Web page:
6. A method for transferring a first facsimile and a second facsimile using a Transmission Control Protocol/Internet Protocol (TCP/IP) network, the method comprising:
converting the first facsimile into first application packets that indicate individual first application packet lengths;
transferring the first application packets to a TCP/IP layer;
receiving second application packets from the TCP/IP layer; and
converting the second application packets into the second facsimile using individual second application packet lengths in the second application packets.
7. The method of claim 6 further comprising in the TCP/IP layer:
converting the first application packets into first TCP/IP packets;
transferring the first TCP/IP packets to the TCP/IP network;
receiving second TCP/IP packets from the TCP/IP network; and
converting the second TCP/IP packets into the second application packets.
8. The method of claim 7 further comprising receiving the first facsimile from a telephone network.
9. The method of claim 7 further comprising transferring the second facsimile to a telephone network.
10. The method of claim 6 wherein the individual first and second application packet lengths are indicated for each respective application packet by adding an application packet length field to the respective application packet.
11. The method of claim 6 further comprising converting the first facsimile into the first application packets and converting the second application packets into the second facsimile using equipment implementing International Telecommunication Union Recommendation T.38.
12. A facsimile system for transferring a facsimile using a Transmission Control Protocol/Internet Protocol (TCP/IP) network, the facsimile system comprising:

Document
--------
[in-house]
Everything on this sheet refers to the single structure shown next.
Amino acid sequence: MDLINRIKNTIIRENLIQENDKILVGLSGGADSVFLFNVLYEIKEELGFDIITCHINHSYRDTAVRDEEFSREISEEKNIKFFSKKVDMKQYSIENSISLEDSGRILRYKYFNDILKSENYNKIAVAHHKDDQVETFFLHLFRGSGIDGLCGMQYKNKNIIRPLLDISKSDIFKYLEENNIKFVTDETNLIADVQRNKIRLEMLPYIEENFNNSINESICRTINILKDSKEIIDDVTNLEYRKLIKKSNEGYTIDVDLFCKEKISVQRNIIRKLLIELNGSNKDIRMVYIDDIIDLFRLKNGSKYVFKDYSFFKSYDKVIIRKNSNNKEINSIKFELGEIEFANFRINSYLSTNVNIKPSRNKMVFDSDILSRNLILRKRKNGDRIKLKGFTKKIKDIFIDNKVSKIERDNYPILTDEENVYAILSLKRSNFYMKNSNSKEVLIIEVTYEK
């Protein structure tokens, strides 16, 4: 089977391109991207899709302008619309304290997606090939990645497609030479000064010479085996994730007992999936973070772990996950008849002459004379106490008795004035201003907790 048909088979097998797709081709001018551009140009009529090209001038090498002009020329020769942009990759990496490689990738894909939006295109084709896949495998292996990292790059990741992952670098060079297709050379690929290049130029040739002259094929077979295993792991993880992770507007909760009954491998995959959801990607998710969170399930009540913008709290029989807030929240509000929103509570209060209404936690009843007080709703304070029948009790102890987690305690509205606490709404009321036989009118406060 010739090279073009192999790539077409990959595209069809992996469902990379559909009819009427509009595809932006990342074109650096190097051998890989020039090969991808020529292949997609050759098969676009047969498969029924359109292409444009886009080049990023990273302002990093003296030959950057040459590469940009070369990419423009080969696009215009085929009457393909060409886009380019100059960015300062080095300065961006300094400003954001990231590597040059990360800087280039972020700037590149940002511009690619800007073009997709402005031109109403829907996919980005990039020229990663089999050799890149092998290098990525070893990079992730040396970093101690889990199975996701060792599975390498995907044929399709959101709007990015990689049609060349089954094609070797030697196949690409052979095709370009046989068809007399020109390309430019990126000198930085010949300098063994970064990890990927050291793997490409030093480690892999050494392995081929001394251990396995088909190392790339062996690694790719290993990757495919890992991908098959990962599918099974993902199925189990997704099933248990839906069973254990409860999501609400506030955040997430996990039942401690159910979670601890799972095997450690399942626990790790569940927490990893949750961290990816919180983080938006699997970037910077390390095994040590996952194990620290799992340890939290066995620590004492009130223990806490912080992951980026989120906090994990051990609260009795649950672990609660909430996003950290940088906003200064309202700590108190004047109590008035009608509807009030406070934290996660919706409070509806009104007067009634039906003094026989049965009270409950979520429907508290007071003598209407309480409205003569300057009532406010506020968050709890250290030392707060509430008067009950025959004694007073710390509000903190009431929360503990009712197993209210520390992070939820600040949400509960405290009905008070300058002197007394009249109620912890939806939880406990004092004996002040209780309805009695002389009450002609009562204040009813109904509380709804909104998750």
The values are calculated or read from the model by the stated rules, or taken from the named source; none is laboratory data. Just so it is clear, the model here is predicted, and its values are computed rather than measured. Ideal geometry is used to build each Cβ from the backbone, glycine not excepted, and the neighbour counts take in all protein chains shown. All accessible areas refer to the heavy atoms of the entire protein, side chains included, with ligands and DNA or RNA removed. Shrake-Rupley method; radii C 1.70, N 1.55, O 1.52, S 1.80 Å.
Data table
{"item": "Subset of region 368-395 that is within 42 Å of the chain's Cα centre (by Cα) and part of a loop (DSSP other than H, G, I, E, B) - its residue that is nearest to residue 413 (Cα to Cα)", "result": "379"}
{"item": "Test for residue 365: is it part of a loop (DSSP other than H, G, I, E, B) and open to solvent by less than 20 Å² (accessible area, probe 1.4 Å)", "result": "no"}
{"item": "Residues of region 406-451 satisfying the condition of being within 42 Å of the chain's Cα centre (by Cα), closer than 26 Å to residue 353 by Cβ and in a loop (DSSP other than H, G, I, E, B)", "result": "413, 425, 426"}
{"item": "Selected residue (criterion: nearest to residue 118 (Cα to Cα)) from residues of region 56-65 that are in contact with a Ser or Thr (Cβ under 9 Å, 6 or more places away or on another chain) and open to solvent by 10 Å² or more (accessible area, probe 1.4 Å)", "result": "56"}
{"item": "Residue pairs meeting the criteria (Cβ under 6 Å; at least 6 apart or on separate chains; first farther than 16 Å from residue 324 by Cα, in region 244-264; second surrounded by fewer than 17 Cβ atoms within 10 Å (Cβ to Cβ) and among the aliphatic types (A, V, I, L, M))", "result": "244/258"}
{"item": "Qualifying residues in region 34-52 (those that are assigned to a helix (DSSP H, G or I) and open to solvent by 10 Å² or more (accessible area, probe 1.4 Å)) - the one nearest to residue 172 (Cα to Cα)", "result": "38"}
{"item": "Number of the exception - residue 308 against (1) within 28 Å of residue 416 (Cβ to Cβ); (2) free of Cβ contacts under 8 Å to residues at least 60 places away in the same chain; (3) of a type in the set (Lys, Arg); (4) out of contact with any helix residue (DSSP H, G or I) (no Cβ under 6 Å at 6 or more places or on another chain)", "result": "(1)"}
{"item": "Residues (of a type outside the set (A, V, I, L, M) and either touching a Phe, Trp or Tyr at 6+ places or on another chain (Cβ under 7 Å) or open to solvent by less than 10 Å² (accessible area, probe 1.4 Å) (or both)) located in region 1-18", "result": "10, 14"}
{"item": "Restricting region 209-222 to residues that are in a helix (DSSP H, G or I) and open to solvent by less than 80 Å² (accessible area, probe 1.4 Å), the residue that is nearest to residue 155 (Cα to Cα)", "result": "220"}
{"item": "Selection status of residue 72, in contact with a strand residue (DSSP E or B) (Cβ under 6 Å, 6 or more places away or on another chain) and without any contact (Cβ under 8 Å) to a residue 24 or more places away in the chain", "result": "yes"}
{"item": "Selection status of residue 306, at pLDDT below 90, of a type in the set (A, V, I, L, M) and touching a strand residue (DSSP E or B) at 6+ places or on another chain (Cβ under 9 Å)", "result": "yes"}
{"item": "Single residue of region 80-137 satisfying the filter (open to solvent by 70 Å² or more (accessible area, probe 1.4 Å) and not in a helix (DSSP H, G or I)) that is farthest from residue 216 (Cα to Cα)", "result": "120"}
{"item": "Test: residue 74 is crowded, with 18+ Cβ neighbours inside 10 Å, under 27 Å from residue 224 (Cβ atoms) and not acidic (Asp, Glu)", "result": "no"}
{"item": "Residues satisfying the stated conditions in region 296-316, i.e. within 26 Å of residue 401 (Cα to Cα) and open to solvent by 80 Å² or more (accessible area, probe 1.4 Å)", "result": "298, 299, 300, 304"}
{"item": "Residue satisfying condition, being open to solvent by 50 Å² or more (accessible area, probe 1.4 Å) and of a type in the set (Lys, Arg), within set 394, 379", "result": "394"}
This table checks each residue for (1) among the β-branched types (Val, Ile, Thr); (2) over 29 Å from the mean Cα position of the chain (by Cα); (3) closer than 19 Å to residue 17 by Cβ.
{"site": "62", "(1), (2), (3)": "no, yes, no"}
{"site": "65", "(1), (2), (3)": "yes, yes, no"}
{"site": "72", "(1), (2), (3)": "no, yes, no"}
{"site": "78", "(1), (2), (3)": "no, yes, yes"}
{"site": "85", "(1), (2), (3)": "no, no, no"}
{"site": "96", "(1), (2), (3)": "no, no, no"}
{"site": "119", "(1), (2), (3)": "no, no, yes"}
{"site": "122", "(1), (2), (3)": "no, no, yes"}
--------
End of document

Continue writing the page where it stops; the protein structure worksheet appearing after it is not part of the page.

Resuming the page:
a first communication processing system configured to convert the facsimile into application packets that indicate individual application packet lengths, convert the application packets into TCP/IP packets, and transfer the TCP/IP packets to the TCP/IP network; and
a second communication processing system configured to receive the transferred TCP/IP packets from the TCP/IP network, convert the transferred TCP/IP packets into transferred application packets, and convert the transferred application packets into the facsimile using the individual application packet lengths.
13. The facsimile system of claim 12 wherein the first communication processing system is configured to receive the facsimile from a telephone network.
14. The facsimile system of claim 12 wherein the second communication processing system is configured to transfer the facsimile to a telephone network.
15. The facsimile system of claim 12 wherein the first communication processing system is configured to indicate the individual application packet lengths for each respective application packet by adding an application packet length field to the respective application packet.